Memes are a universal language of the internet. Not only do we share them to laugh, but also to communicate, criticize, and reflect on the current trends. Essentially, they speak of, or rather make a meme of what’s really buzzing right now: think of 2020 and 2021 memes, Squid Game memes, and Mike Pence’s fly on the head memes.

Some memes, on the other hand, refer to the things that most of us find very relatable. They identify a common experience, a feeling, and even an opinion. How come such personal things are so universal, you wonder? Well, we may not have the answers to the phenomenon, but we surely have a lot of hilarious memes of our daily lives in the hooman world to chuckle upon.

And thanks to the Instagram page “Is You Funny,” below is a whole collection of them to scroll through. According to the page’s description, it’s the “most relatable page on the gram,” and it seems like a whopping 2.7M followers would totally agree.

Memes are a quintessential part of the internet culture. It’s where they’re born, where they spread and where they evolve. Seemingly fun and lighthearted, they create a culture of unspoken referential importance by using explicit cultural knowledge, which is a big deal of its own accord. Thanks to them, it seems like there’s never a dull moment online. Today the concept of a meme has evolved into elaborate structures that can come in many forms, like challenges, videos, viral sensations, GIFs, and images with accompanying captions.

It shouldn’t come as a surprise that from a linguistic point of view, memes are incredibly sophisticated. In fact, meme creators use “multimodal grammar,” which refers to a post which has both images and captions, to express and share ideas and opinions. As soon as a meme lands on social networks, people start sharing it and add their own personal meanings to the content. That’s why there’s never a final nor single meaning of a particular meme.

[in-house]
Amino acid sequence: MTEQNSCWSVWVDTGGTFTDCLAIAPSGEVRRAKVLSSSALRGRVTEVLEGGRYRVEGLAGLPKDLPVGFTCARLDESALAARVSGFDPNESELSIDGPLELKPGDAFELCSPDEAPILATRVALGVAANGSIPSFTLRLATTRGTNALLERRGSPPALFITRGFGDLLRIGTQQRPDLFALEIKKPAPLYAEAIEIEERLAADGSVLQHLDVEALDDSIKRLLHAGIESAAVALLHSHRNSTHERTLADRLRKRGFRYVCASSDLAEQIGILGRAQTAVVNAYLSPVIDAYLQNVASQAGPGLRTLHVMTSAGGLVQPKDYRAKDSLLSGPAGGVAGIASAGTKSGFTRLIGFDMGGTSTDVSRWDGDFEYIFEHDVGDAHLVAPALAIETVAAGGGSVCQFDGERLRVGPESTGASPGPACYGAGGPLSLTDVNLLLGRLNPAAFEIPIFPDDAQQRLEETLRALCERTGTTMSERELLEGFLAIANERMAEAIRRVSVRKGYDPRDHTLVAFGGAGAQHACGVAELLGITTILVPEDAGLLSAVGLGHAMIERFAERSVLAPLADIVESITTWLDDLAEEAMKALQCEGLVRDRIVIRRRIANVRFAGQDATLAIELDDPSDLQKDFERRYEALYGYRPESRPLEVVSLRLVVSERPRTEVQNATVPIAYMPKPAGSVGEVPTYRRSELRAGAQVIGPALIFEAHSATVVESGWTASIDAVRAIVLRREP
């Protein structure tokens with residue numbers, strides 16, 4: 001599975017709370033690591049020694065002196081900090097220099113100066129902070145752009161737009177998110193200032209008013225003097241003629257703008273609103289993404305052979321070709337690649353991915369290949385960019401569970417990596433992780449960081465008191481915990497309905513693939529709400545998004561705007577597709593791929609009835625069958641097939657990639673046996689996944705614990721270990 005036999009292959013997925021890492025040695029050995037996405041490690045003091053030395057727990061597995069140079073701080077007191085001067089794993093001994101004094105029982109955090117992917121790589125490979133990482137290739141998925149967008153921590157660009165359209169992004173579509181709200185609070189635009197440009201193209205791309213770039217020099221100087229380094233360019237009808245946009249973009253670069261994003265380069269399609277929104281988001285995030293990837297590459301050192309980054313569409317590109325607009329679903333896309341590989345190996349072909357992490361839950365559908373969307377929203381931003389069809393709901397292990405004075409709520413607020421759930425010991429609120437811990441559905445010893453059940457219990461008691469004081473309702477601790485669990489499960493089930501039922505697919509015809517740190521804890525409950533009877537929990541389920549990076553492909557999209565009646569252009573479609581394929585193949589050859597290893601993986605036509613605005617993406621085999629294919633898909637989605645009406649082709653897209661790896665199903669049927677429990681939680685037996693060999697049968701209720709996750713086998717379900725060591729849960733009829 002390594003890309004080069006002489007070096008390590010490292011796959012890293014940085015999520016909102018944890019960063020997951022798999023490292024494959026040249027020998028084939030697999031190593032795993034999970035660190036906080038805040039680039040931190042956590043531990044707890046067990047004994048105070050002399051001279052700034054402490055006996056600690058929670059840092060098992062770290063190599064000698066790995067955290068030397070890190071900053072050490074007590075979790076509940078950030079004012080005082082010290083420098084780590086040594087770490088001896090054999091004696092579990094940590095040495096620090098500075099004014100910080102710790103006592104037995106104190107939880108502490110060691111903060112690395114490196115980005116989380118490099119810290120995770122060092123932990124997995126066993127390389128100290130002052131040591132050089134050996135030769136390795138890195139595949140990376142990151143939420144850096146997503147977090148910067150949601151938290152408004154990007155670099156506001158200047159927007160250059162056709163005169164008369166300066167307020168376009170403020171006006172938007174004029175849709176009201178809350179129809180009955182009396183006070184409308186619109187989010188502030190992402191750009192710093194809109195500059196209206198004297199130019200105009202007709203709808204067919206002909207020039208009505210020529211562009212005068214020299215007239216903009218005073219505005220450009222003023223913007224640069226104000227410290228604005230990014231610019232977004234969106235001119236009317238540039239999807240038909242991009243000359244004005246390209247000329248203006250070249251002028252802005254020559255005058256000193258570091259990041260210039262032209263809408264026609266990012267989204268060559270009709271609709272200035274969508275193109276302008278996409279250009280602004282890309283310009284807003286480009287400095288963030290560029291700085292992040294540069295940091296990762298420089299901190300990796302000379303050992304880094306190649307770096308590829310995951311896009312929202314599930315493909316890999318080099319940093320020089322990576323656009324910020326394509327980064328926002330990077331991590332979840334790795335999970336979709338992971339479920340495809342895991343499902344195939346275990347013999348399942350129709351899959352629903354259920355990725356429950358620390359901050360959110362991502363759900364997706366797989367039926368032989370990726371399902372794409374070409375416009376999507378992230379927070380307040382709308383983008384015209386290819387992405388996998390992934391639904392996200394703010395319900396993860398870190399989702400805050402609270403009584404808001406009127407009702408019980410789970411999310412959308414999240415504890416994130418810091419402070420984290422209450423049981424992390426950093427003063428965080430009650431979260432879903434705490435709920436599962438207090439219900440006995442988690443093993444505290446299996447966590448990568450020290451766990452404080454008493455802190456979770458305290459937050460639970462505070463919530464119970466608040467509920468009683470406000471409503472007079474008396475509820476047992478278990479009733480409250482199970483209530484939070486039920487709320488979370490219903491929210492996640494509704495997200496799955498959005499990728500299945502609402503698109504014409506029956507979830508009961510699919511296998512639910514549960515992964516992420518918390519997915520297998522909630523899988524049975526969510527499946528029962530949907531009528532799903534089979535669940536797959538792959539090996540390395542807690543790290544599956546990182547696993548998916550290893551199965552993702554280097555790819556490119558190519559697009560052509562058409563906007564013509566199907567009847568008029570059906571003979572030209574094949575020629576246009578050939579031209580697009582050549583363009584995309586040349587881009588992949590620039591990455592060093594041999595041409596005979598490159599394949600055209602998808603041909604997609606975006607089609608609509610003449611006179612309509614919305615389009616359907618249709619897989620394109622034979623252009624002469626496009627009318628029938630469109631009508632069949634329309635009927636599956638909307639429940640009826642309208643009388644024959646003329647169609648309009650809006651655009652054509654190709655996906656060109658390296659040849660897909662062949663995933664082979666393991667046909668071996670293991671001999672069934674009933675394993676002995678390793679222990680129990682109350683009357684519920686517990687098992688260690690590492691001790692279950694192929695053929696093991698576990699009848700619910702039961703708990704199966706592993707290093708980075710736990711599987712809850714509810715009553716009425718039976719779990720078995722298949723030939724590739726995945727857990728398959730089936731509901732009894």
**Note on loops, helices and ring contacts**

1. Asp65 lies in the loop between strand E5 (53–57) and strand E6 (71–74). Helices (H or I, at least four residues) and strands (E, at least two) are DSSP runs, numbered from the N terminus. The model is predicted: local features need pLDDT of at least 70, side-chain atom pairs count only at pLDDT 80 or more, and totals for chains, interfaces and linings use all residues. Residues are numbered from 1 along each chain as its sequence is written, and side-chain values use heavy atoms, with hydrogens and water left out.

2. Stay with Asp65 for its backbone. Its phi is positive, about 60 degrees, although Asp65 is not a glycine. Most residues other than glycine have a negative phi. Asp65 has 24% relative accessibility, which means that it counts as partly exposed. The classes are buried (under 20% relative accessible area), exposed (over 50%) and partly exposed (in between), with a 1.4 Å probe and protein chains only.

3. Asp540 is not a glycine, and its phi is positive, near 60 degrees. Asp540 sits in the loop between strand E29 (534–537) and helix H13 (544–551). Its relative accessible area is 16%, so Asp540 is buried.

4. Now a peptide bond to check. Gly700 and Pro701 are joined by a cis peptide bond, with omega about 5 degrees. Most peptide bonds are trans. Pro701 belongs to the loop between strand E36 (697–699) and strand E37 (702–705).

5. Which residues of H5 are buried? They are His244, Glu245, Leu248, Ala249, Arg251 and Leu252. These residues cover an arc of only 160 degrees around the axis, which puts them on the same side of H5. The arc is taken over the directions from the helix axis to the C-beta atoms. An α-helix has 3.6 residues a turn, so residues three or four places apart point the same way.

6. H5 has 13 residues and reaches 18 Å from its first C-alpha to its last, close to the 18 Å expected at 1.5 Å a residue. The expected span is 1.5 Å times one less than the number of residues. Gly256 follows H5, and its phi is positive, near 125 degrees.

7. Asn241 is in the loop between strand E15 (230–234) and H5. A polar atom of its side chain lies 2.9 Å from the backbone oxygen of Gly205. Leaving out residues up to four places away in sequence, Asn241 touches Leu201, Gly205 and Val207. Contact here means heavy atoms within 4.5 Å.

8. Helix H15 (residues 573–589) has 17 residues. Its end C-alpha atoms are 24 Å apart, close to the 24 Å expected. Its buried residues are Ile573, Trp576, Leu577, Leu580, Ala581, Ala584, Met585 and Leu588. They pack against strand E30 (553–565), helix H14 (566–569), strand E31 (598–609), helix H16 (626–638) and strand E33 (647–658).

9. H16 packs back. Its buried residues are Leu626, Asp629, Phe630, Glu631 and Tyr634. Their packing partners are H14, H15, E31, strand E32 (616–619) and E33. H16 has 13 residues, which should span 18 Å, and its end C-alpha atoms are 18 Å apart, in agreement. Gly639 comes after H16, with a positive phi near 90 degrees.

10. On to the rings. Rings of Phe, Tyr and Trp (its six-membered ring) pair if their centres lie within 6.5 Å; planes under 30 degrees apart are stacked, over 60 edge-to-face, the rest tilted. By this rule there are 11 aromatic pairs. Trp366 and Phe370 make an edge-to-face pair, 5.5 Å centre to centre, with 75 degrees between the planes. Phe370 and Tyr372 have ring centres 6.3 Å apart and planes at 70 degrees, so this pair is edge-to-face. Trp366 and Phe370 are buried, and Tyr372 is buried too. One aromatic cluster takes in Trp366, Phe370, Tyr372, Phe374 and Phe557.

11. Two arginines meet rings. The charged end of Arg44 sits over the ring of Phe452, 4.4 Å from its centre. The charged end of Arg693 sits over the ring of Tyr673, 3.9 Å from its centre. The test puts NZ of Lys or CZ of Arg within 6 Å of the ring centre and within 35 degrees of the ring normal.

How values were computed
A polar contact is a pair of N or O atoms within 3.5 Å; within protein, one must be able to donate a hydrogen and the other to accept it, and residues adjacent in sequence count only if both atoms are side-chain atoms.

The fact that internet memes, units of popular culture, constantly circulate, imitate and transform with the help of users, makes them so special. Limor Shifman, a scholar who specializes in the study of internet memes, believes that a meme is not a single idea or image which is spread across social sites, but a group of items that were created with awareness of each other. Think of the internet’s beloved Grumpy Cat meme. Shifman would say that it’s not the cat itself, but the whole set of memes generated with its image, which is the meme.

On the other hand, with memes evolving so much in the past years, in some cases, they become vehicles for political messages, often used to spread aggressive or racist messages and to incite hatred. Emiliano De Cristofaro, an associate professor from UCL, has recently carried out the largest scientific study of memes to date, using a dataset of 160m images from various social networks.

“We showed how 'fringe' web communities associated with the alt-right movement, such as 4chan’s 'Politically Incorrect' board (/pol/) and Reddit’s 'The_Donald' are generating a wide variety of racist, hateful, and politically charged memes—and, crucially, spreading them to other parts of the internet,” De Cristofaro explained.

What De Cristofaro’s team found was that fringe social networks like /pol/ and Gab “share hateful and racist memes at an impressive rate, producing countless variants of antisemitic and pro-nazi memes.” Moreover, “memes like Pepe the Frog (and its variants) are often used in conjunction with other memes to incite hate or influence public opinion on world events, such as Brexit or the advance of Islamic State,” he said.

Moreover, the team at UCL found that, alarmingly, /pol/ was by far the most influential disseminator of memes, in terms of the raw number of images originating there. “In particular, it was more influential in spreading racist and political memes,” De Cristofaro said.

Just like with any other content on the internet, so with memes, users have to be aware of what kind of content they engage in, share and react to. While having a laugh at relatable memes like these ones in the post can indeed make your day brighter, encountering hateful memes is a whole other thing that’d better be reported.

See Also on Bored Panda
See Also on Bored Panda


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Note: this post originally had 120 images. It’s been shortened to the top 50 images based on user votes.